Barcelona One Of The Historic Centers Of The Modernismo Movement
July 16, 2013
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As one of the historic centers of the “modernismo” movement, the city of Barcelona recently hosted a gathering of art, architectural and design historians for an international conference on art nouveau. The University of Barcelona and the international journal, Coup de Fouet, were the sponsor; I was fortunate to present a paper on Chicago as an Art Nouveau City.
Participants at the conference included many internationally recognized scholars from Paris, Glasgow, Brussels, London, Bucharest, Vienna, Bologna, and of course, many parts of Spain. One of the most intriguing aspects of the conference was the presentation of several papers on eastern European art nouveau work, a clear illustration of just how widespread this “early modern” philosophy was.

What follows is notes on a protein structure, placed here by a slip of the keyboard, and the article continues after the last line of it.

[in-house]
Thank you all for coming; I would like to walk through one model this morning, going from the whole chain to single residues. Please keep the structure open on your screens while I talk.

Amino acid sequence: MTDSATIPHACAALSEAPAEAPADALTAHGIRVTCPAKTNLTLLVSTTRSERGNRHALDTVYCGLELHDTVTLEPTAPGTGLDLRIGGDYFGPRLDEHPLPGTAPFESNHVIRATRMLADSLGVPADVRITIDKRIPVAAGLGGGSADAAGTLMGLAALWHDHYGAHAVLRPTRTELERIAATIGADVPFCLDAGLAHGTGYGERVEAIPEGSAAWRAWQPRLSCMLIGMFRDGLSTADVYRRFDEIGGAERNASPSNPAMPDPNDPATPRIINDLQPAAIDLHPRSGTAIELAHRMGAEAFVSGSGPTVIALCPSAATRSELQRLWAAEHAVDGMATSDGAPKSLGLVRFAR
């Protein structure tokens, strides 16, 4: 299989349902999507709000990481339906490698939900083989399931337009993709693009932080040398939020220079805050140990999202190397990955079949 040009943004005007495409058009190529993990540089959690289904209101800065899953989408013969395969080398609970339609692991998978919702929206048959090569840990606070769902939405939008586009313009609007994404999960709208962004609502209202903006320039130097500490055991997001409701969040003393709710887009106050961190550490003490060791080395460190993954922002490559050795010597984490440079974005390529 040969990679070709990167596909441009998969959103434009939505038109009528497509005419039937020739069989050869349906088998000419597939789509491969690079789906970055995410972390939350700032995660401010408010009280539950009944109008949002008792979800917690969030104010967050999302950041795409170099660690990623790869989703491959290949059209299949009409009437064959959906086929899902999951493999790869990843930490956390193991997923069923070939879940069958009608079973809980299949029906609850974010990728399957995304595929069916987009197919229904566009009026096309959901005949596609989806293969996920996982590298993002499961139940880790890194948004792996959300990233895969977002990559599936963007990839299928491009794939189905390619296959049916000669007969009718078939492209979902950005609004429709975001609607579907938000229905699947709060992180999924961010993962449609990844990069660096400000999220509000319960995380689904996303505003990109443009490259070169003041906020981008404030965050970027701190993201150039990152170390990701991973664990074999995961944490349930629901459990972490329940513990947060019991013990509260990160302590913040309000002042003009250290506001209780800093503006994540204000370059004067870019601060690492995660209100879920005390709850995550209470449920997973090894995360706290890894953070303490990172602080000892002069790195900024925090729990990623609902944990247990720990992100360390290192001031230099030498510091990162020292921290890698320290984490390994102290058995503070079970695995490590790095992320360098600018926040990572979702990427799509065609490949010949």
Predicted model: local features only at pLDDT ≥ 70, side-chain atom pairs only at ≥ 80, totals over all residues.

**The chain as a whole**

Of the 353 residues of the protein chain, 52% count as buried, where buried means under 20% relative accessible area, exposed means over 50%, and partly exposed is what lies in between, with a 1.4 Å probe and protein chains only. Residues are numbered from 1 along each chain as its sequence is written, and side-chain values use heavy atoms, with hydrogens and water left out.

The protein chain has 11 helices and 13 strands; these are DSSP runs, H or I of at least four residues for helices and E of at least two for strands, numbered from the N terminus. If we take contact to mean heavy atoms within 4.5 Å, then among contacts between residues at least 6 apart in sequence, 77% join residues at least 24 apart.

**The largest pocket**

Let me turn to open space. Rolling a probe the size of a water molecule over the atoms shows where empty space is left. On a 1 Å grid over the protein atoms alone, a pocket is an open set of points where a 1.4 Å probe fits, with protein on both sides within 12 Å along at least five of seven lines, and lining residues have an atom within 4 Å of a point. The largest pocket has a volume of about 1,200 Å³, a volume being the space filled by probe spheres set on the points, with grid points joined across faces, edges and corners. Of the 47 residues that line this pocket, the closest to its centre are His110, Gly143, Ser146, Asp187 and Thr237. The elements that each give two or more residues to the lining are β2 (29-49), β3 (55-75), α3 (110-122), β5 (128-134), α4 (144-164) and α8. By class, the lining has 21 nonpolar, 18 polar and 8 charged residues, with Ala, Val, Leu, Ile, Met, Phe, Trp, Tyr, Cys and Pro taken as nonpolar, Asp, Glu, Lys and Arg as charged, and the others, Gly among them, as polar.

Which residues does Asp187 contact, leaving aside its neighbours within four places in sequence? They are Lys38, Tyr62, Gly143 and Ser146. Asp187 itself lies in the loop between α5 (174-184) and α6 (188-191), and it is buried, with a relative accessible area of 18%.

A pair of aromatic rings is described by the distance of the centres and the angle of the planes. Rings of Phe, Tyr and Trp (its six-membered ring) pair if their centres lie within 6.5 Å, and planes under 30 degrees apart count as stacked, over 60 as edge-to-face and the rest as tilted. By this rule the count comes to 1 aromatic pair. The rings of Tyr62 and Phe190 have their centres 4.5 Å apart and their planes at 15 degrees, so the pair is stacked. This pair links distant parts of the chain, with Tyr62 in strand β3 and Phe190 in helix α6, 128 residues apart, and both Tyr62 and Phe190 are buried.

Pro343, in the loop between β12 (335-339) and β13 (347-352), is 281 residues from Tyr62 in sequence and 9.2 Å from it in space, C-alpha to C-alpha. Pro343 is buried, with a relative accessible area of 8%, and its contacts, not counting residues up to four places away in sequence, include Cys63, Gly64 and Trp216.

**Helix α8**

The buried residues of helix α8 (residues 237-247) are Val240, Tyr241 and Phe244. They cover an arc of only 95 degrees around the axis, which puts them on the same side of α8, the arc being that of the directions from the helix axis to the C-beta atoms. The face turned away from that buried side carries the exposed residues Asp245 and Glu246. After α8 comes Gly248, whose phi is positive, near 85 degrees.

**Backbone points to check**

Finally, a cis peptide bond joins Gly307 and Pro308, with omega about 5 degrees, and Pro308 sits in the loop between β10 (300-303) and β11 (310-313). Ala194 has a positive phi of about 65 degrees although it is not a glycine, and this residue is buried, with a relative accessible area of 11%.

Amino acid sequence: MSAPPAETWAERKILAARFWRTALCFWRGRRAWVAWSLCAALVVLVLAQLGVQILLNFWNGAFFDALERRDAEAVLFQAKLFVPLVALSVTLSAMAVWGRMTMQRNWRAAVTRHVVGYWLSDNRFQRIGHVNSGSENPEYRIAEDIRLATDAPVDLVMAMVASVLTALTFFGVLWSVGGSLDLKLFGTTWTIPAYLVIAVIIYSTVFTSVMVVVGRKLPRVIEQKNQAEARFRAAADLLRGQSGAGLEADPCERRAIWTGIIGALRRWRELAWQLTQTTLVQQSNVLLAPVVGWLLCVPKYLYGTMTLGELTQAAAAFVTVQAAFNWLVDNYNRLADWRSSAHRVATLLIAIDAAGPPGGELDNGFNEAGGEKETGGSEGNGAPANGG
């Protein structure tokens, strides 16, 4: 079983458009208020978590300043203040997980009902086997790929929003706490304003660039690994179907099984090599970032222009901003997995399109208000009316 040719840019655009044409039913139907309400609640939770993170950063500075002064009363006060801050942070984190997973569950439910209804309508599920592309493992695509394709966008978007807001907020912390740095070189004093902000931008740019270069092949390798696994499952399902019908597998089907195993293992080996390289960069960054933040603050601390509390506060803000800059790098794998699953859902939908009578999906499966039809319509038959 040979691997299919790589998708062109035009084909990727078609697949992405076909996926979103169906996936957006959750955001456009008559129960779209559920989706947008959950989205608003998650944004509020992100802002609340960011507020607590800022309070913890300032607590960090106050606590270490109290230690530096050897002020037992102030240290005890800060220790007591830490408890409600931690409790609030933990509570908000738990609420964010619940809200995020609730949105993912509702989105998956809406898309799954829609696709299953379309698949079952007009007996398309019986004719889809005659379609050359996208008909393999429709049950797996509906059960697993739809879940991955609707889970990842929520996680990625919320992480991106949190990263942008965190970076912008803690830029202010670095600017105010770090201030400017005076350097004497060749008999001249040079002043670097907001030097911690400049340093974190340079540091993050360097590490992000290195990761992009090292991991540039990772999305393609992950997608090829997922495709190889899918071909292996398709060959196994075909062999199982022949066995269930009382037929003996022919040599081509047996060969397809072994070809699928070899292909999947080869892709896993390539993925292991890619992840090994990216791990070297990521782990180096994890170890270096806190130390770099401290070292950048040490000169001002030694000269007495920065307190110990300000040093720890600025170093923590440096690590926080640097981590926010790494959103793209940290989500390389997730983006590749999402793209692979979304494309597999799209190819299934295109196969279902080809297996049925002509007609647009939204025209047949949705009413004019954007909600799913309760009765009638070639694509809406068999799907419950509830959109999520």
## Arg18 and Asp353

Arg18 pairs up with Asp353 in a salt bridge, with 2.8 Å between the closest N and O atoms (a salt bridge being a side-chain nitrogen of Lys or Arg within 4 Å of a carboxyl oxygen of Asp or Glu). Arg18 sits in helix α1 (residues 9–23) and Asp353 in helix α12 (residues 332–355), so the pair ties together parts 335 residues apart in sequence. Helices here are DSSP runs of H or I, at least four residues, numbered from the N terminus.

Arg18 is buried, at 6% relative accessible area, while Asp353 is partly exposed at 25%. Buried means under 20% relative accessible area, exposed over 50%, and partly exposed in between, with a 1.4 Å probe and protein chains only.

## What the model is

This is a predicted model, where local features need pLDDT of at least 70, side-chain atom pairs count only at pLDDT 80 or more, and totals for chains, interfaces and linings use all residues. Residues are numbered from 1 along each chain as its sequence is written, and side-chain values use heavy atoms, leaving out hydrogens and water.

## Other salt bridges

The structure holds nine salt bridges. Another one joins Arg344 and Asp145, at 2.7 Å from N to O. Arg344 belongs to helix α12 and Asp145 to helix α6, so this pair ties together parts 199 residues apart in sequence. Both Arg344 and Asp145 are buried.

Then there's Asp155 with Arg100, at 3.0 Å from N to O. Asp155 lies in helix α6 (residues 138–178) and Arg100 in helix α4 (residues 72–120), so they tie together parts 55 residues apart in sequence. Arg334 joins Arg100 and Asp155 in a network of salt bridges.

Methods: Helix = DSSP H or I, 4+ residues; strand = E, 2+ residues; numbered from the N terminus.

Barcelona proved to be full of unexpected late 19th century and early 20th century Catalan painters, designers and sculptors. A visit to the National Museum of Catalan Art revealed gallery after gallery of extraordinary paintings and decorative arts that have rarely been seen, much less recognized, outside of the Catalunya region. Another highlight was a private tour of the exhibition titled Spanish Japonisme at the Caixa Forum, where curator Ricard Bru presented his groundbreaking scholarship on the trade relationship between Japan and Spain as early as the 1600s.
No mention of art nouveau and Barcelona would be complete without acknowledging the work of architect Antoni Gaudi, whose projects dot the city and remind us all that good design never loses its power to create environments that encourage us to live fully and consciously. It was a special pleasure to present my paper in the auditorium of Casa Milà, Gaudi’s innovative apartment building in the heart of the city’s art nouveau quarter.